Felix “Agre” Sebusa, a practical miner of Mainit

DEC 2-8, 2010

EXCLUSIVE: GOLD MINING STORY

The headwaters of Manat River within the territories of Barangays Mainit and Bukal, Nabunturan have long been known to be having gold sands and nuggets on stream during the heyday of placer mining in the 70s. Sooner after the gold rush of Diwalwal towards the mid 80s, hardrock gold tunneling came up to the northern mountains of Saraban and Inupuan within the Mainit-Bukal areas, and these two mining sites continue to live up producing gold until these days.
It was not during the episode of placer mining- where free gold is trapped from running waters using sacks and screen- but during the era of underground tunneling that Felix “Agre” Sebusa arrived in Barangay Mainit to hunt opportunity for his destiny. In 1987 from Bohol he arrived to work as labor in the minahan. He was still single.
“I and my companions were planning to work in Diwalwal but we decided to just mine here, contented over the small production of gold for sustenance,” he said in vernacular. He was not at all attracted by Diwalwal’s golden opportunities for lucky miners to become instant multi-millionaires while famed stories on high-grade miners circulated around towns and villages.
“Dire na lang ta kay mao ra man gihapon makabuhi sa ato (We’ll just mine here as we can have livelihood just the same),” Subusa recalled his conversation with friends to stick it out in Mainit.
He assessed that mining in Mainit-Bukal area is generally peaceful and is largely not characterized of wrestles of groups over tunnels.
So from 1987 he started eking a living as one of the hundreds of mine laborers, and about 20 years after he is now a tunnel operator having a gold processing planta of his own.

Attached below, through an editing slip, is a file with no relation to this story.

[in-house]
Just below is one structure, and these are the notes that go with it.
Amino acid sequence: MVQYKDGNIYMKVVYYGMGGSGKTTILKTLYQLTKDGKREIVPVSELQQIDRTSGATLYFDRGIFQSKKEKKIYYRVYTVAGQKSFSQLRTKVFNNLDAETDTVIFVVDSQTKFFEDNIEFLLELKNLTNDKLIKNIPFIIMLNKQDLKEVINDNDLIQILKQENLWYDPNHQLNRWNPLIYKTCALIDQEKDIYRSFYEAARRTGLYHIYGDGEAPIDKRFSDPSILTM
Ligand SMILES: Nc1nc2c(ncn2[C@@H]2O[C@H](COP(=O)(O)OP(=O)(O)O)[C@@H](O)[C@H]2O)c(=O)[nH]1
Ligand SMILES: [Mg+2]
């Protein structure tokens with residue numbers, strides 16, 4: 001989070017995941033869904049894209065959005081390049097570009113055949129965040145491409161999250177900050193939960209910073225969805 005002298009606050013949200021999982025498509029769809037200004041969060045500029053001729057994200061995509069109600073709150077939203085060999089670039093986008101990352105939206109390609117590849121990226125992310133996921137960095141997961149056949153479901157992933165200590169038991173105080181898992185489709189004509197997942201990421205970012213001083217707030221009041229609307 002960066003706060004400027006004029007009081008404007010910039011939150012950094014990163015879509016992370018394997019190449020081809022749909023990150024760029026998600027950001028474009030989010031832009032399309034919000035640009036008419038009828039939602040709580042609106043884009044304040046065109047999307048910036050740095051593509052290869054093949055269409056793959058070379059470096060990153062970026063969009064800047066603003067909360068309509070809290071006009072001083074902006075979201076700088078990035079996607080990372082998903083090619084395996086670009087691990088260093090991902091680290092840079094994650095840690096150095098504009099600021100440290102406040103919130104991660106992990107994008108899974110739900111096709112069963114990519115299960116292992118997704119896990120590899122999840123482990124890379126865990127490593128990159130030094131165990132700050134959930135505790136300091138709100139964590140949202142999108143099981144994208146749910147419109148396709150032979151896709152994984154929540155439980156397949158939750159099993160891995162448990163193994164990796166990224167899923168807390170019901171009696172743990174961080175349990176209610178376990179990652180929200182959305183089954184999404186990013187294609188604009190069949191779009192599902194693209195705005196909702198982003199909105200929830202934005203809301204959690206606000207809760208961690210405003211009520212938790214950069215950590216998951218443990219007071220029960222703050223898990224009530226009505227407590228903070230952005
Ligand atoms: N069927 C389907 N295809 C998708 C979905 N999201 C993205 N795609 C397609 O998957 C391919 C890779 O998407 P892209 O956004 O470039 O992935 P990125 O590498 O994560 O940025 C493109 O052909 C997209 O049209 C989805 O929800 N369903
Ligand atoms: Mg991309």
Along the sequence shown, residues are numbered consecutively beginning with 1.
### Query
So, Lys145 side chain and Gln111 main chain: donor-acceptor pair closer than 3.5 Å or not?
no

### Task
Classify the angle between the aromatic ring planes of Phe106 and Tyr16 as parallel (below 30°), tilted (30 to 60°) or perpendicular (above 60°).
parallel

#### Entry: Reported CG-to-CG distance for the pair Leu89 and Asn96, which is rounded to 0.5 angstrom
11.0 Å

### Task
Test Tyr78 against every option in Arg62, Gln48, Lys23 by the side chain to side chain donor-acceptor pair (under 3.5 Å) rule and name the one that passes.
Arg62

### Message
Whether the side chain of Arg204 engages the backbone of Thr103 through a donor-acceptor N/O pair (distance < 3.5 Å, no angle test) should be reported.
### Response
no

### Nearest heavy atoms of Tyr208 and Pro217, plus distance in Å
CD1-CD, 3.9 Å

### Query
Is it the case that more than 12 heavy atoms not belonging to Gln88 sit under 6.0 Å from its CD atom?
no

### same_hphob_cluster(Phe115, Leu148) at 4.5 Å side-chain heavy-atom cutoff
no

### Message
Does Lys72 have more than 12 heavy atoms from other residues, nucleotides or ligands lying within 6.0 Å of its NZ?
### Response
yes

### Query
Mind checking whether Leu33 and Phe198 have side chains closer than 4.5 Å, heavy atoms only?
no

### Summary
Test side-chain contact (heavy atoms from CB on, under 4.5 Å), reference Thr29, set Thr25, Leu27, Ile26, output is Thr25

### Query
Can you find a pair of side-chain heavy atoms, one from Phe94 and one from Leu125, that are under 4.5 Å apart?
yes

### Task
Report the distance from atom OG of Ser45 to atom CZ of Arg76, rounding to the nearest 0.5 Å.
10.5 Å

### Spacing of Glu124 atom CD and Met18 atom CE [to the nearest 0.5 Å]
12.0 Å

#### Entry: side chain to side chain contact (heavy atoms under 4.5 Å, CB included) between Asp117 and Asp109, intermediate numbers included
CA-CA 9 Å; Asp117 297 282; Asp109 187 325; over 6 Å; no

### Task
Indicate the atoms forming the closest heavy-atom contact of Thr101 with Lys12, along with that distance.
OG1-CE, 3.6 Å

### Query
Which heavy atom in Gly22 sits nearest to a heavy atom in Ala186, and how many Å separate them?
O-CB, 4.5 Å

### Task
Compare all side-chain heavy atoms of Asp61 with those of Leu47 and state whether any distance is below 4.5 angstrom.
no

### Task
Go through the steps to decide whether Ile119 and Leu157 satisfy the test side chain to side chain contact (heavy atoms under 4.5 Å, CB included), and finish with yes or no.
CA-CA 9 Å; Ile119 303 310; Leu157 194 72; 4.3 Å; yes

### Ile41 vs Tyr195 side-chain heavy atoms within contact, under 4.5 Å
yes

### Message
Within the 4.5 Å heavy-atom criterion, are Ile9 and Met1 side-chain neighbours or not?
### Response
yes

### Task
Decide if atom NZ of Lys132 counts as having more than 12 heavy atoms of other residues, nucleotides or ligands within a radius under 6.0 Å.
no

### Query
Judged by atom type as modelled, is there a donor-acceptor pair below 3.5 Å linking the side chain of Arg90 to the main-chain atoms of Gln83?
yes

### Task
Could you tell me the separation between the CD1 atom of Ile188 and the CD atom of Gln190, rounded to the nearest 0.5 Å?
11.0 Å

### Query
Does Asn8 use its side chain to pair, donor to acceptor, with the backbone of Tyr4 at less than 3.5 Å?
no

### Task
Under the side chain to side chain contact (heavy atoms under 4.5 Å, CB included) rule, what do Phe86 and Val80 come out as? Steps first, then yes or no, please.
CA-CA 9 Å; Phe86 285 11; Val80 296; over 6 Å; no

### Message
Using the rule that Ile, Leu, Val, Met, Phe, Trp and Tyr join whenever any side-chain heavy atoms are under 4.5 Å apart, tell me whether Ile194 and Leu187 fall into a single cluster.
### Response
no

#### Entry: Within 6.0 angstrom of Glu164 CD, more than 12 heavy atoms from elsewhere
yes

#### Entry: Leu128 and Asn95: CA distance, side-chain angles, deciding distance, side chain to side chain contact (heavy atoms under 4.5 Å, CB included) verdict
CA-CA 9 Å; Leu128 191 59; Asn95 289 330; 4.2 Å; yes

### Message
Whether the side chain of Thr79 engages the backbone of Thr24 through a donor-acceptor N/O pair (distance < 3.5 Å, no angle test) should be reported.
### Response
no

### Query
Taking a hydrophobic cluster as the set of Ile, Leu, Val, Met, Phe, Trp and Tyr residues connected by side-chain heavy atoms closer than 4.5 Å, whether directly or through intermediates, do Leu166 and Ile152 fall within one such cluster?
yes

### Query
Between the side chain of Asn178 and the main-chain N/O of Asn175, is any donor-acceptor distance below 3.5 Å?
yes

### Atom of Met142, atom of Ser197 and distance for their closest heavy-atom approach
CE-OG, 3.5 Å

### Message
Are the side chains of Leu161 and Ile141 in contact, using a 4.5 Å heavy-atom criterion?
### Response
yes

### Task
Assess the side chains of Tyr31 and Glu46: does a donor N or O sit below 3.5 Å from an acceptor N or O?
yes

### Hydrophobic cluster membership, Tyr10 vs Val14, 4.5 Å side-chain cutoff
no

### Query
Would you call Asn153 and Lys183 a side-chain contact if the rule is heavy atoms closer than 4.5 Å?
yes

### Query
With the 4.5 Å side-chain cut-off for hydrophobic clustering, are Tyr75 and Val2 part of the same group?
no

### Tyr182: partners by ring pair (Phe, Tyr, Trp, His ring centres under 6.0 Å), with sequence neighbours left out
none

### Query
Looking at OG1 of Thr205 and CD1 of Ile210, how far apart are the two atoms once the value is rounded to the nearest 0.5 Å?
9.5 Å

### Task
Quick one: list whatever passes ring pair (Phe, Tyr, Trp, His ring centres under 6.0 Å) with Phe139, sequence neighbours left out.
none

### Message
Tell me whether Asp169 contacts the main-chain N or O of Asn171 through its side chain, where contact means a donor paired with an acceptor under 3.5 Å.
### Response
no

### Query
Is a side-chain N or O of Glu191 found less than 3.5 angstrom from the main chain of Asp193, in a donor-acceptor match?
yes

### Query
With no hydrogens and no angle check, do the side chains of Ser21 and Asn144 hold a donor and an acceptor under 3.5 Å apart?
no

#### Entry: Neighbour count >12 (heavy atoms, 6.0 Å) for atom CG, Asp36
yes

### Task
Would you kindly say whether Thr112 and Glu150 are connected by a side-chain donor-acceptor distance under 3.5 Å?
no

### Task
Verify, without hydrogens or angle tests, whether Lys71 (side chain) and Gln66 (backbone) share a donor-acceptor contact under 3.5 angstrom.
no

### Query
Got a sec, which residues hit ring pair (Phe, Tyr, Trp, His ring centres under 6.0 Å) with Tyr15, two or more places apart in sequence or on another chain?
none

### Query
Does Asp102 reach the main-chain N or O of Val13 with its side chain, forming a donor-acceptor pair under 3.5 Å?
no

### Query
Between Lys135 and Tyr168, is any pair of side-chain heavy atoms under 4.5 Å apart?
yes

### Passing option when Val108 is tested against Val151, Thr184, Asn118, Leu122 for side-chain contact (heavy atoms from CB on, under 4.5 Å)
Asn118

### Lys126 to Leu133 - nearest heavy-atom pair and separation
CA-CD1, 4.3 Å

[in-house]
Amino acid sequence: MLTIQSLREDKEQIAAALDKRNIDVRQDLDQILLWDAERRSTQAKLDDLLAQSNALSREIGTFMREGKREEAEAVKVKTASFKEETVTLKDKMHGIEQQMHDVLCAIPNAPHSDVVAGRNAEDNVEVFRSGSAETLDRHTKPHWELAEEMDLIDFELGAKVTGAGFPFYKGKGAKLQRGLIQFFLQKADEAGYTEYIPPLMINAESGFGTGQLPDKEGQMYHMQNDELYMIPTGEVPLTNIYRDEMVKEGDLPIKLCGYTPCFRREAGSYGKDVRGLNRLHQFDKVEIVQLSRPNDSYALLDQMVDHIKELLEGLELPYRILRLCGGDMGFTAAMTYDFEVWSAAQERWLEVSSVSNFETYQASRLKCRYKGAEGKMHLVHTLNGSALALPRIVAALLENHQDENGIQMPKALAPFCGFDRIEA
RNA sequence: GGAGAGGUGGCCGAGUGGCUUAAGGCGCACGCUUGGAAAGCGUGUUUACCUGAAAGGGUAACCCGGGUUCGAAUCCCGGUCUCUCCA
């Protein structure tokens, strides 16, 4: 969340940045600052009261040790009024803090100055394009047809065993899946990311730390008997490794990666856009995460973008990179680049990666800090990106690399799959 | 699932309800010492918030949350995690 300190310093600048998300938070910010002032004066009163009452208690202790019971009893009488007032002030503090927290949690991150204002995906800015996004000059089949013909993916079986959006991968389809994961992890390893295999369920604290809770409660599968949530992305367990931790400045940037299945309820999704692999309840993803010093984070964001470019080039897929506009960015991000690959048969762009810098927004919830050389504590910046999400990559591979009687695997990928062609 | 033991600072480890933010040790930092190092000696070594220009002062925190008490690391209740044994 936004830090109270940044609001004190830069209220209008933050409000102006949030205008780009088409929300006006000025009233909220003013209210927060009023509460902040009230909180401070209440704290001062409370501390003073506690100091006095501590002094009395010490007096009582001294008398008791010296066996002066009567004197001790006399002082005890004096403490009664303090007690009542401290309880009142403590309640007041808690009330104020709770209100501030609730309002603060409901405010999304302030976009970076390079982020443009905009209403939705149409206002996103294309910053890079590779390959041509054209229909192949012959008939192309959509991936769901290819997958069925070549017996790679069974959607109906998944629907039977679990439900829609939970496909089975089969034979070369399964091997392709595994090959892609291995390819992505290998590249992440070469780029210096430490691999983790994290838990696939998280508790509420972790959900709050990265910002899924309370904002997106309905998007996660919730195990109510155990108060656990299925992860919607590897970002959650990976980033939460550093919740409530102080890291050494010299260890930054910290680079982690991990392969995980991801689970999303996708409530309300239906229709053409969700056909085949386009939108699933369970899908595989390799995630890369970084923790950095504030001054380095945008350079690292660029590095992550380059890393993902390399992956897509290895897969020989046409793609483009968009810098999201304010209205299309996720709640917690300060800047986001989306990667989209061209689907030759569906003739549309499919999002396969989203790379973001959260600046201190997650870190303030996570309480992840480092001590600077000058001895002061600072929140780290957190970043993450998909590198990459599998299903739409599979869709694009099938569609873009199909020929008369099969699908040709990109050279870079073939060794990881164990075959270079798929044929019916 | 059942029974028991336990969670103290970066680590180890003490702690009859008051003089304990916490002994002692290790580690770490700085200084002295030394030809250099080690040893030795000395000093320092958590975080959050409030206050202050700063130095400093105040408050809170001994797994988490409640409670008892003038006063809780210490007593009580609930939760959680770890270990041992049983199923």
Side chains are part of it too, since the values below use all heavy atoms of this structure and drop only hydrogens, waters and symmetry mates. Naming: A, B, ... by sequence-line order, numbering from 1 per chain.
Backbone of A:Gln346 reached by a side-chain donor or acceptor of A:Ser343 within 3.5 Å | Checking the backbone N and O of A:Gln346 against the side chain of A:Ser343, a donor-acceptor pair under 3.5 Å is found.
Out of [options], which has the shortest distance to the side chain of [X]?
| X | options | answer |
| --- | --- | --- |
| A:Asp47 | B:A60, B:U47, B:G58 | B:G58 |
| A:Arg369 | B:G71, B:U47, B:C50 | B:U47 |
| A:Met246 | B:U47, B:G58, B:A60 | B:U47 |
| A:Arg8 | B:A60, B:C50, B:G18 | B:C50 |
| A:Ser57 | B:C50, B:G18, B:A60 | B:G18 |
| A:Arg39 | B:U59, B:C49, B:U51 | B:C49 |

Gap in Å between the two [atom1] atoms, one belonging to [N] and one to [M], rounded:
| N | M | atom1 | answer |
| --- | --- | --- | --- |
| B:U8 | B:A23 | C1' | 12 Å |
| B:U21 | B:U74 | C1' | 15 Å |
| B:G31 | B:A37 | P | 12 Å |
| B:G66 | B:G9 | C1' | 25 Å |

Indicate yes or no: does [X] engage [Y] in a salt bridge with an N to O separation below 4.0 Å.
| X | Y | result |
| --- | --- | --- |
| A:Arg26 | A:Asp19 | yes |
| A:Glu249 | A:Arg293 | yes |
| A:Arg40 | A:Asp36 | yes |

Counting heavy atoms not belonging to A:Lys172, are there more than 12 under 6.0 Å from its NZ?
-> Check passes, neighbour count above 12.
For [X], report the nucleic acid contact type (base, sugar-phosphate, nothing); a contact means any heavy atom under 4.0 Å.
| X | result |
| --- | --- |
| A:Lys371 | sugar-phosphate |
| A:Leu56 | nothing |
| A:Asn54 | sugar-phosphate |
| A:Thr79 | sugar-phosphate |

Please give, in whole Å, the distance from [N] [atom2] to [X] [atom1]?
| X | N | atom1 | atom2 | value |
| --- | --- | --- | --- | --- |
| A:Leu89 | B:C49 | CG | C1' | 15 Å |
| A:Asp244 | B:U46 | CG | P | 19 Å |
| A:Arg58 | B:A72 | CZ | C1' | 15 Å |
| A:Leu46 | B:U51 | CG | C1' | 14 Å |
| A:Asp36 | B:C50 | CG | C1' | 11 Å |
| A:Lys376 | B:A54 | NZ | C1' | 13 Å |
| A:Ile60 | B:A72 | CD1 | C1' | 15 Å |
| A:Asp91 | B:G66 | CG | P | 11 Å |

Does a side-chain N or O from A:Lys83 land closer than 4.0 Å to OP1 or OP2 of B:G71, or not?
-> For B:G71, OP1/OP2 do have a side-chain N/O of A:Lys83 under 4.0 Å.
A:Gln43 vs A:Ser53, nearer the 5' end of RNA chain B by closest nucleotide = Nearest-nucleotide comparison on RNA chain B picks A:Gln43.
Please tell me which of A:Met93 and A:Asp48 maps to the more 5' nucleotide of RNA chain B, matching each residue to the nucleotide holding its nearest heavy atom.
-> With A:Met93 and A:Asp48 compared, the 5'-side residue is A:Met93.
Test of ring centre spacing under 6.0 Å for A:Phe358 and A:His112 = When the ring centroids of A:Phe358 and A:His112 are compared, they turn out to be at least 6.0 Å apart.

“Daghang mga dayuhan ang miabot dire ug nagrasyahan pod gumikan sa paningkamot (There are many migrants to this place who are also blessed by their industry),” he added. Later he got married, and raised his own family. His fate was fixed to no longer move out from Mainit as his livelihood was etched in small-scale mining and sooner he liked to live in the place.
To Sebusa, small scale mining has an “on and off” character- at times tunnels hit high grade ores making miners to go big, and at times gold ores can only manage to give sustenance and subsistence for the miners and their families. “Dili steady kay moawop pod ang bina”.
But he has but praises for gold mining, citing that not less than 80 percent of Mainit population is dependent on mining.
“Kung wala ang pamulawan kagutom ug kasamok ang naa. Unsa na kaha kung wala ang pamulawan? (Without mining, hunger and chaos will reign. What will happen if there’s no mining here?),” he said.
He said that one can see the mountains surrounding the place without corn fields. “True, there are fruit trees planted there but these are only in few patches. Titled lands are only owned by a few while the people at large are landless, so they have to mine clearly existing mineral resources in order to live,” he added.
He also said that mining processes and technology are already known by the people that even 10-year old children in the area know how to find means from mining during weekends to have baons during school days.
Sebusa said he is practicing ore sharing with manual laborer in his corpos. And as to his planta, “it’s OK as it has ECC (environmental clearance certificate) and other requirements imposed by the government”.
He said he is happy already when his planta would process ores “with assay” on gold content that could earn an income which can revolve funds for next production cycle, which means that it can pay for the food requirements in the new round of tunneling operations. (Rural Urban News/Cha Monforte)

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